Staten Island Expressway
The history of transportation on Staten Island is the history of Staten Island development. As the island expanded from a loosely-settled collection of farming communities to popular resorts, to a thickly settled residential borough, entrepreneurs continually encouraged this expansion with the introduction of new infrastructure, from railway lines to bridges to highways. The Staten Island Ferry system, established in 1736 and expanded over the course of the next 150 years, remains one of the most efficient means of travelling from Staten Island to Manhattan.
In 1816, the Richmond Turnpike was built, spanning the island from Tompkinsville to New Blazing Star (now Travis). The road was promoted as a way to expedite New York-Philadelphia travel. Renamed Victory Boulevard, it remains an important thoroughfare. Continued expansion of the Staten Island population over the century led to increased transportation needs. Railroads opened many parts of the island in the late 1800s, and by the early part of the 20th century, plans for building railroad and automobile bridges such as the Goethals, Bayonne, Outerbridge Crossing, and Verrazano-Narrows were under construction or pending approval.
The Staten Island Expressway was planned before World War II (1939-1945). Arterial Coordinator Robert Moses (1888-1981) set a plan in motion that would construct a series of expressways from Staten Island to New Jersey and mainland New York. Written as early as 1945, the first plans for the construction of the Expressway (then known as the Clove Lakes) were presented to City and State officials by the Joint Study of Arterial Facilities. The plans called for a seven-mile stretch of roadway connecting the Goethals Bridge to the Narrows Crossing (named Verrazano-Narrows in 1964). The unbuilt Willowbrook and Richmond (now Korean War Veterans) Parkways were also proposed as a part of the arterial plan, though they were to be only for automobile traffic.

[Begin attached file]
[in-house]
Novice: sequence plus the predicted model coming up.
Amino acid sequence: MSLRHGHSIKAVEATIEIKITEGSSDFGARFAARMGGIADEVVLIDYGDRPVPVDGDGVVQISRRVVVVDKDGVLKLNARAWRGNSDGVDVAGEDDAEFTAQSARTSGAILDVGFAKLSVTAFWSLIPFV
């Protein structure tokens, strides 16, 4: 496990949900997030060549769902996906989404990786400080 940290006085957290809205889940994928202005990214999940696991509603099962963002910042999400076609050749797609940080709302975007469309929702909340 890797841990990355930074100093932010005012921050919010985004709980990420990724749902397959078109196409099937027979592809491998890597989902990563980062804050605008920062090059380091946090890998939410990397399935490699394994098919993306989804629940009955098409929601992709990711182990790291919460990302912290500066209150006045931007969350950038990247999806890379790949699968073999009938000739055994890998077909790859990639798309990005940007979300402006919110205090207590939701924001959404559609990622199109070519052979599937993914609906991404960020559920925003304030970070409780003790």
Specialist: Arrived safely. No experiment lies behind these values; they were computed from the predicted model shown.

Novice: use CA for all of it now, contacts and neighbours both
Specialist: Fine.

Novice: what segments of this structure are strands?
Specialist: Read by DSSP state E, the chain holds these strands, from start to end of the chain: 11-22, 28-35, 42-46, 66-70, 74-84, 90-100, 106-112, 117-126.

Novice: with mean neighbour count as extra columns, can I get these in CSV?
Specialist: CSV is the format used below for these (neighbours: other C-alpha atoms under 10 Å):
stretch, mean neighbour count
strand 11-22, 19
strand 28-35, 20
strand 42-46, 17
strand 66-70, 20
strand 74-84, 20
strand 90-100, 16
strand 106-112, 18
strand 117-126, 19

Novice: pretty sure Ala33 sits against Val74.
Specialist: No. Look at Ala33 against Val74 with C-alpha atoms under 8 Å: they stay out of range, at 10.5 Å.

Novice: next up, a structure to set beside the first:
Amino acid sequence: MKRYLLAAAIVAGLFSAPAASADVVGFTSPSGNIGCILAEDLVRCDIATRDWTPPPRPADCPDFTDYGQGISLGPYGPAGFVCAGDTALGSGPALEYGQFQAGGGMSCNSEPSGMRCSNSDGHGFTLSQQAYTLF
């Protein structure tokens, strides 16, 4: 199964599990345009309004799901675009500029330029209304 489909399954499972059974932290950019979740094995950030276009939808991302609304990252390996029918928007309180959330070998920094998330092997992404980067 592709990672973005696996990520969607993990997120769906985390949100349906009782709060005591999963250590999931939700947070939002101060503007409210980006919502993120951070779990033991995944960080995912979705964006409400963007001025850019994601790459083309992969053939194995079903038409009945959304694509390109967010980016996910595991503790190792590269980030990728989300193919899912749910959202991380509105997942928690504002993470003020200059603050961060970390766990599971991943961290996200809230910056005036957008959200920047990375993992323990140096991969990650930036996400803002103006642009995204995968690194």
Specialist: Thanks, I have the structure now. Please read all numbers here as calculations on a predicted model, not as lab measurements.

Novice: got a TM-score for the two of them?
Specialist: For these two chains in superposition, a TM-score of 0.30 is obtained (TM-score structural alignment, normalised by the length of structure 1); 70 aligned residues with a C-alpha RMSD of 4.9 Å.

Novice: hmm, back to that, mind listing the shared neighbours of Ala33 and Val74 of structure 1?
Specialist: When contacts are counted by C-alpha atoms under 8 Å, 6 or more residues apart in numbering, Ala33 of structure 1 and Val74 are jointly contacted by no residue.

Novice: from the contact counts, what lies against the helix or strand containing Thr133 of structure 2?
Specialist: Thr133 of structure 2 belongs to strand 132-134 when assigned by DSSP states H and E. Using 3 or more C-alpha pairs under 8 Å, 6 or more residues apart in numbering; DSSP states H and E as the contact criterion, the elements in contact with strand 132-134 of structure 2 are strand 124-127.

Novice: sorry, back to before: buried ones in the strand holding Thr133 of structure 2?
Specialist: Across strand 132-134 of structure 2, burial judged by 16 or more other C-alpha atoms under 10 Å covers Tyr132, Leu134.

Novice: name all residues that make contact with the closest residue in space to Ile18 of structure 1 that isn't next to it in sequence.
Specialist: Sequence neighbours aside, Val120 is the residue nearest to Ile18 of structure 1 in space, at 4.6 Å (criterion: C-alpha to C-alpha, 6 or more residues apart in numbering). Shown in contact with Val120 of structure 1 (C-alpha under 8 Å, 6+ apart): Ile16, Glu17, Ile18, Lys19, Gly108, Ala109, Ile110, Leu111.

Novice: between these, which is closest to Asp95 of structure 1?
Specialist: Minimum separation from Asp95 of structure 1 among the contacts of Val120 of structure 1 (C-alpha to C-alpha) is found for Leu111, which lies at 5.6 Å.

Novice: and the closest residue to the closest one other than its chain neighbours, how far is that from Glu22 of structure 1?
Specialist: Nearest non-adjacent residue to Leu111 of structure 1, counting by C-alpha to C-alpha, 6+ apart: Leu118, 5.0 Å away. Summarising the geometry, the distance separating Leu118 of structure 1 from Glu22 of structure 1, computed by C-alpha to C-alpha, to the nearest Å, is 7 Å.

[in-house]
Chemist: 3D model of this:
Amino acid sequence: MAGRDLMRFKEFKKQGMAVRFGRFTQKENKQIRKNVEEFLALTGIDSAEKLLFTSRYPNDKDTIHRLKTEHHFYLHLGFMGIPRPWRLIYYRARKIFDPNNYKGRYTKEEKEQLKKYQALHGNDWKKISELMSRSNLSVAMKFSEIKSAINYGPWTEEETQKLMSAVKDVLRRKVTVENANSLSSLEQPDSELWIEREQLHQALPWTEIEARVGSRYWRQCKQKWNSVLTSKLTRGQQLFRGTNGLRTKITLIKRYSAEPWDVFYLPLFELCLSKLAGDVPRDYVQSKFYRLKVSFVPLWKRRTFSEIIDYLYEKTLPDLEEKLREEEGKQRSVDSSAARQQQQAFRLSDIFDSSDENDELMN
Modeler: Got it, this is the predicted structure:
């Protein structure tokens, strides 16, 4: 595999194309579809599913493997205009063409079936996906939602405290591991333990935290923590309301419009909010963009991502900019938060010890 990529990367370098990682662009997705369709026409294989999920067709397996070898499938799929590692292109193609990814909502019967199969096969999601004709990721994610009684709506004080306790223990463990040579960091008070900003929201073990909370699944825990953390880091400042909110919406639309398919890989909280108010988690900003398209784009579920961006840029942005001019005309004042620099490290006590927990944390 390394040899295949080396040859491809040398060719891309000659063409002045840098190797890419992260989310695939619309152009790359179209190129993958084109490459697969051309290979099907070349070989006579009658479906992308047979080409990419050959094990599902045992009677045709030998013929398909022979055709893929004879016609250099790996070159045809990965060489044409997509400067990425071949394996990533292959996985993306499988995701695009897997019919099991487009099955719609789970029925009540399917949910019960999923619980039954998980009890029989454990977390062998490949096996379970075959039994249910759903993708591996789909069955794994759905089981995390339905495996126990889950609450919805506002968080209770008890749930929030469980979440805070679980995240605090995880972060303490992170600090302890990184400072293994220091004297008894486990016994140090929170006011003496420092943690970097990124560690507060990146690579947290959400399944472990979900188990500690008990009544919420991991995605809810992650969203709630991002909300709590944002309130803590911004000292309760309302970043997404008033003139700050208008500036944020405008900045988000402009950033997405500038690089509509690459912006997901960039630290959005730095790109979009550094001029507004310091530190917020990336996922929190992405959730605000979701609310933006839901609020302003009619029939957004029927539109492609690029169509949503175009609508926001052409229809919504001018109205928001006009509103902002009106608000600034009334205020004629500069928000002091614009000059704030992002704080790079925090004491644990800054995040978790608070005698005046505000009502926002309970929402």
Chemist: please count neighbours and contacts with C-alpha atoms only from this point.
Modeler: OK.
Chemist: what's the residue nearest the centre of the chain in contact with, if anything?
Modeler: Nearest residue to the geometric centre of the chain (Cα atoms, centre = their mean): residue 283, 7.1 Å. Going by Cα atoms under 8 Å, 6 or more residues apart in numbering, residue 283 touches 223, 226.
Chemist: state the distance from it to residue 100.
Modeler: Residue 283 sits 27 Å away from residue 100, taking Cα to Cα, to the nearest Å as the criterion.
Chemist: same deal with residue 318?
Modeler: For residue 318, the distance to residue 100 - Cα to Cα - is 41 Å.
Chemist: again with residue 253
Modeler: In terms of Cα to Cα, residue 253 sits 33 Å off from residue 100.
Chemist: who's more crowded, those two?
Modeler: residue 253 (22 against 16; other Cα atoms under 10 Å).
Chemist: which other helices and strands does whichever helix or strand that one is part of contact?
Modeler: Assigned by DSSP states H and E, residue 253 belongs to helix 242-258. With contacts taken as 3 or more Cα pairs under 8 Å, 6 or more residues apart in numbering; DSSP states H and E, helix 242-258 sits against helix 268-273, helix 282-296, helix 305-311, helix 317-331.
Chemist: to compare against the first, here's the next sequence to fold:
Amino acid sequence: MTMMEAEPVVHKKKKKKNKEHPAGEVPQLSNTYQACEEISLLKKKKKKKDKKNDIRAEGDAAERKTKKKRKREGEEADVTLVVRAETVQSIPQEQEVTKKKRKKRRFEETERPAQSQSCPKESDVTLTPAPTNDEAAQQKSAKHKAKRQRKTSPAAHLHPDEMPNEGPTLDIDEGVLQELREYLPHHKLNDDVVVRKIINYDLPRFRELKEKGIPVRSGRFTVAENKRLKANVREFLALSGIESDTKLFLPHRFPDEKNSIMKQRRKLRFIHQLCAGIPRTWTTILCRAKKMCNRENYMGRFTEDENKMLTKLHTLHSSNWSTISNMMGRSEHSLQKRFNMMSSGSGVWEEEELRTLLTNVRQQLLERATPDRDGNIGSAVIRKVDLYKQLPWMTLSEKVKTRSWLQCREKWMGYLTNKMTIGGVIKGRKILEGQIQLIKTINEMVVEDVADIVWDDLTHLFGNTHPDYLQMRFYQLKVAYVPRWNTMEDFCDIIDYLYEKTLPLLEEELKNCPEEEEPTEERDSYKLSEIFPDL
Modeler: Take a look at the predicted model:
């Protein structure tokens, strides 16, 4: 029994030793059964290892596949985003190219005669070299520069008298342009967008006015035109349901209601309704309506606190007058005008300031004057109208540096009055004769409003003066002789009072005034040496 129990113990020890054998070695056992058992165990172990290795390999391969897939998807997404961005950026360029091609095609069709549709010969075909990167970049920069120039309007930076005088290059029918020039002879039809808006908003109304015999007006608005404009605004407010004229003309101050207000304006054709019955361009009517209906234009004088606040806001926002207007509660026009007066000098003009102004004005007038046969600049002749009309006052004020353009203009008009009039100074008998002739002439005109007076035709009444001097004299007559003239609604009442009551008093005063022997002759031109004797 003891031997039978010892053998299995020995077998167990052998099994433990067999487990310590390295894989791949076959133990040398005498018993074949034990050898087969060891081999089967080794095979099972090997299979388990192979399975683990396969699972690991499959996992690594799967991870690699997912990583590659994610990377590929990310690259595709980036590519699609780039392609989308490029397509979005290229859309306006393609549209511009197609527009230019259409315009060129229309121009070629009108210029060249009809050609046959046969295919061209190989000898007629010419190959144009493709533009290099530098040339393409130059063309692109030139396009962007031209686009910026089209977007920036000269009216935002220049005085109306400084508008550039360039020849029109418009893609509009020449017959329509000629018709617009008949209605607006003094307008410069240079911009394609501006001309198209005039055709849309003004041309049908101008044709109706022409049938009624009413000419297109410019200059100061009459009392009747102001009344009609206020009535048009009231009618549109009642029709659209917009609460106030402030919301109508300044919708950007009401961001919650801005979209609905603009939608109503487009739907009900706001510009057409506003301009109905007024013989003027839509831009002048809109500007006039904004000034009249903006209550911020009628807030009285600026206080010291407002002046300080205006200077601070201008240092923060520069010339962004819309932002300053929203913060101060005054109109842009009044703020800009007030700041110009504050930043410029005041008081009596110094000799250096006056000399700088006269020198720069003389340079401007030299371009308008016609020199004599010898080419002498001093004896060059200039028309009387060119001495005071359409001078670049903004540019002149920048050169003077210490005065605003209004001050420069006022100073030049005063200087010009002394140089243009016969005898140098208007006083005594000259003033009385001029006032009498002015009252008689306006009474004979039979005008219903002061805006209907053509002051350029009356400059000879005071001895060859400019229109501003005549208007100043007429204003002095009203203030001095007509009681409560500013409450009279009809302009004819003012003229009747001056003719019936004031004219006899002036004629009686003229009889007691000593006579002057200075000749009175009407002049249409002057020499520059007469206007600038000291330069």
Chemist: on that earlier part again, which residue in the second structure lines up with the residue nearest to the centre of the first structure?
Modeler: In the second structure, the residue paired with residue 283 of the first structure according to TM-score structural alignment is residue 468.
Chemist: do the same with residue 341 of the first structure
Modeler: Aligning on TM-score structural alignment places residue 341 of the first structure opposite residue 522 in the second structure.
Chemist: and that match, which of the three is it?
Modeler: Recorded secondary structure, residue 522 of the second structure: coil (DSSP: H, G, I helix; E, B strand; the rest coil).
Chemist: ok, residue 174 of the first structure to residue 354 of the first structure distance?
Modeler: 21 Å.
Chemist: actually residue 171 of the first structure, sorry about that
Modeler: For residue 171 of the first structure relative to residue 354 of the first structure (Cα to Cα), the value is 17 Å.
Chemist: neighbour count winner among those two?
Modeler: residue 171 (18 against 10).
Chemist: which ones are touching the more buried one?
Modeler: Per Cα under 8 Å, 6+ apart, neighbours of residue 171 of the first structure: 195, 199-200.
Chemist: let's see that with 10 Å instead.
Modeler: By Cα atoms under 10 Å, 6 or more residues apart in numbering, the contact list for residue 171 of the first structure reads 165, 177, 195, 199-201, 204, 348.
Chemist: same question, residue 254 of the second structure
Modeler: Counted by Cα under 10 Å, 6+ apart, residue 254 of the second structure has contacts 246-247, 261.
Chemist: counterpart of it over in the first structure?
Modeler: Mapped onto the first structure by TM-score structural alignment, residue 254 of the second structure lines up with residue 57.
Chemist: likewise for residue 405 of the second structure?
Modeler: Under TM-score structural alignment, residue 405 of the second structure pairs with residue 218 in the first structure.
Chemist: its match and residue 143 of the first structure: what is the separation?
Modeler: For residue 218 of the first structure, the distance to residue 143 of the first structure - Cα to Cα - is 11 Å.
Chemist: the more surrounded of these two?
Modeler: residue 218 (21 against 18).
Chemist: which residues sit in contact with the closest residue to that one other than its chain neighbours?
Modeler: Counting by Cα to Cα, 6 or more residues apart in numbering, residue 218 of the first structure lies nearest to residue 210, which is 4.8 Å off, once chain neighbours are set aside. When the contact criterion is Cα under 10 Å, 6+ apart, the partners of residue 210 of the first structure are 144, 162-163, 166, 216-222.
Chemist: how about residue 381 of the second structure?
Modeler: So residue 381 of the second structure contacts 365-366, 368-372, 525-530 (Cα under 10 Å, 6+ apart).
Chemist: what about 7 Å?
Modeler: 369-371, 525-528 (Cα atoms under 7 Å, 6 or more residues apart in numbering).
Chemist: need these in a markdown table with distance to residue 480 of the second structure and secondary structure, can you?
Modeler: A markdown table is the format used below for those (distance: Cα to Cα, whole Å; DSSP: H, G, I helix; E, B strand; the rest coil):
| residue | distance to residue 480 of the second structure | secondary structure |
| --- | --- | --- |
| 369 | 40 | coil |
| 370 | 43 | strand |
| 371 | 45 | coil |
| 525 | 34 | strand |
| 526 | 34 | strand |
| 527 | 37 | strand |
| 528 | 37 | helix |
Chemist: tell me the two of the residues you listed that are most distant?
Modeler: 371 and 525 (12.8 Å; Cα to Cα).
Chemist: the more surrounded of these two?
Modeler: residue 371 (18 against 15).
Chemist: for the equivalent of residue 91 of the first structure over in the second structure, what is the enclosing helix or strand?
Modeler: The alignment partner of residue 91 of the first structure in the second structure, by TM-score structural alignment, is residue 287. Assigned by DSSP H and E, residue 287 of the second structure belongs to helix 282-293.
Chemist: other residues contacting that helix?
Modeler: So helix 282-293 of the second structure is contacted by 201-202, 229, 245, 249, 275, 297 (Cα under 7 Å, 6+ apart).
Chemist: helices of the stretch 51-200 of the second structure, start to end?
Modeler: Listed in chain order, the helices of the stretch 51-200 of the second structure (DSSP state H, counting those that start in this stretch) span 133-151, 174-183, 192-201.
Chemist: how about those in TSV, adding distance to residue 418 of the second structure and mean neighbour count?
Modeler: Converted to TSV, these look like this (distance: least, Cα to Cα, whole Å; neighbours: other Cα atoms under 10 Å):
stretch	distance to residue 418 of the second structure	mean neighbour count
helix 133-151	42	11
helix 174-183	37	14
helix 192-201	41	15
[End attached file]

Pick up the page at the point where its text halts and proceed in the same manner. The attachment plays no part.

City officials approved the expressway in April 1957, and construction began in the next year. The highway was completed in 1964 and connected to the upper deck of the new Verrazano-Narrows Bridge, also completed in that year. The six-lane road from Gil Bloom Circle to Fort Wadsworth had taken over five years, $41 million, and the displacement of 3,500 residents to build. The name Clove Lakes Expressway was changed to the Staten Island Expressway by local law in 1964.
A strange feature of the Expressway is its set of “ramps to nowhere.” These ramps begin at exits along the Expressway in the Todt Hill area, but do not connect to any other major roadway. The ramps were created to connect the Staten Island Expressway with a proposed extension of the Korean War Veterans Parkway and with the partially built Willowbrook Parkway (Now the Martin Luther King, Jr. Expressway). Construction jumped the gun, however, and the ramps wait for an extension that was never built. Despite its eccentricities, the Staten Island Expressway remains an important artery for inter and intra-borough commuters. Bus-only lanes open during morning rush hours represent the first step in a long-term effort to reduce congestion on the Staten Island Expressway.
Wednesday, Dec 26, 2001